Thursday, April 06, 2006

How do you motivate a director?

Warren Buffett and the other directors of Coca-Cola have agreed to skip their pay if the company does not meet certain financial targets!

Will it work?

Academics and experts are divided on whether director pay is a big motivator that might affect how they perform their fiduciary duties. Unlike managers and executives, whose pay is substantial and may affect the decisions they make, directors' pay is seen as largely token and not significant enough to affect how they perform their duties.

Shleifer and Vishny(1988) recommend compensating outside directors with stock, in order to align their incentives with those of shareholders.

In contrast, Stout (2003) believes that performance-based compensation for corporate directors is not only ineffective, but may actually interfere with other non-pecuniary motives of directors, with unintended adverse consequences for their performance. She mentions the size of the monetary amount paid to directors in support of her view: “If we look at financial rewards alone, whether paid in cash or in shares, directors seem to have little reason to break a sweat in the boardroom” (p.4).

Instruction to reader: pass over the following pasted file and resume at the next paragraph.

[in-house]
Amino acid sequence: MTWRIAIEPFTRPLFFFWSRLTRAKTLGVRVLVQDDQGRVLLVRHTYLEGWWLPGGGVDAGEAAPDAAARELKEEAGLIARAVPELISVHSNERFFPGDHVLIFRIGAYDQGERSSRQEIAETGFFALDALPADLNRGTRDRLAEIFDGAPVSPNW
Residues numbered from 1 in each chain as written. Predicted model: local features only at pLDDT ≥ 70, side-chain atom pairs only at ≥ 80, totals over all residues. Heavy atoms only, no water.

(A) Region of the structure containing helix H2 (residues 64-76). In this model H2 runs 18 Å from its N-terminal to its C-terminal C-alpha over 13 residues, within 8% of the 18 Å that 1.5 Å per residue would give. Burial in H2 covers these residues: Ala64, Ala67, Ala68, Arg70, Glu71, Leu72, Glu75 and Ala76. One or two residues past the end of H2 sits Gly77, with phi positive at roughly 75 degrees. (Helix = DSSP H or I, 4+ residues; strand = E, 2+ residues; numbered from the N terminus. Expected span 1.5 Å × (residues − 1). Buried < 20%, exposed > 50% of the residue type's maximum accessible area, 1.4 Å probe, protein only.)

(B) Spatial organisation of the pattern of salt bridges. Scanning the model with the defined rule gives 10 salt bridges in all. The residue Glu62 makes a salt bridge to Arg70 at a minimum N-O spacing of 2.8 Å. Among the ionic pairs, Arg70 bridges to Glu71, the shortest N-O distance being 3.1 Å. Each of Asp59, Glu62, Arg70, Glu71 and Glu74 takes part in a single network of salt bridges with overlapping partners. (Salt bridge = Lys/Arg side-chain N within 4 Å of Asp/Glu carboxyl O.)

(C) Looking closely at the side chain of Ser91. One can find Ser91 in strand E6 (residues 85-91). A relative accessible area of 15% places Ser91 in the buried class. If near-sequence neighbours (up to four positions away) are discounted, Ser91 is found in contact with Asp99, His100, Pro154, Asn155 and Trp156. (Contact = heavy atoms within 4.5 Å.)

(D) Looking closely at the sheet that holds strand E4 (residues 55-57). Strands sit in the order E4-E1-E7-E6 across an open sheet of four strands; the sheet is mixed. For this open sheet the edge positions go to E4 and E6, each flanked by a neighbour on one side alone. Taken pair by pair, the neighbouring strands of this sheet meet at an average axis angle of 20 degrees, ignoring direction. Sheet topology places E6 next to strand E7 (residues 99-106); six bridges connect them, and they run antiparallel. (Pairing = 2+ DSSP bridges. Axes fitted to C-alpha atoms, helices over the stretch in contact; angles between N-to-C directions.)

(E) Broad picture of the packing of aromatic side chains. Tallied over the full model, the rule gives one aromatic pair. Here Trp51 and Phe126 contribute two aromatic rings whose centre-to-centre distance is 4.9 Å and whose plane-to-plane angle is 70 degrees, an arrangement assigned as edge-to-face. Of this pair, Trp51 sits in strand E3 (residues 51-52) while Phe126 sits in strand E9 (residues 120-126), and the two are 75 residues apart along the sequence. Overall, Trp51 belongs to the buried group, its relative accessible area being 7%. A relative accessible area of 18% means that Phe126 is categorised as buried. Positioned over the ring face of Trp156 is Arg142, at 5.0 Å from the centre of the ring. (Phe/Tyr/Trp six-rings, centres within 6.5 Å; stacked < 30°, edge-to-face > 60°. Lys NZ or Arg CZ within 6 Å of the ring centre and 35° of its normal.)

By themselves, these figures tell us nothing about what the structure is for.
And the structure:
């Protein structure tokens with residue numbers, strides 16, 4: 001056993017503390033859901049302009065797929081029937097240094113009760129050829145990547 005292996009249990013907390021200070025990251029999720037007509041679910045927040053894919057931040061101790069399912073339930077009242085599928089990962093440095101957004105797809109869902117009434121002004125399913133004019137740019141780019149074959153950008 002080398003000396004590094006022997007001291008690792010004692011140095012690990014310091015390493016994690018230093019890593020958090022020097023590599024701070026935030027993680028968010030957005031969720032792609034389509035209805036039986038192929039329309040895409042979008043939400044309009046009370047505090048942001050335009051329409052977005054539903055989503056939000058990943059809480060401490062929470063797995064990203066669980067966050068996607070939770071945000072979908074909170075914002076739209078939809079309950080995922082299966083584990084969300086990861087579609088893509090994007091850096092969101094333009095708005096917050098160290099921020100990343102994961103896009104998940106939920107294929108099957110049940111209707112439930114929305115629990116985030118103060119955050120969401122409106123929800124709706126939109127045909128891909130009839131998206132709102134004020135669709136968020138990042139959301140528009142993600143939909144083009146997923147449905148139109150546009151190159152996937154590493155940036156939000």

However, recent work by Yermack (2003) disputes this view by providing evidence in a sample of Fortune 500 firms that the incentives outside directors face through compensation, reputation, and retention decisions are sizeable.
Adams and Ferreira look at director pay from the point of view of meeting attendance fees in their 2004 working paper. They find that as small an amount as $1200 (okay, maybe not small to you and me, but small to a director whose salary is in the six or seven figures) can motivate directors to attend meetings.

Who is right? Comments, anyone?

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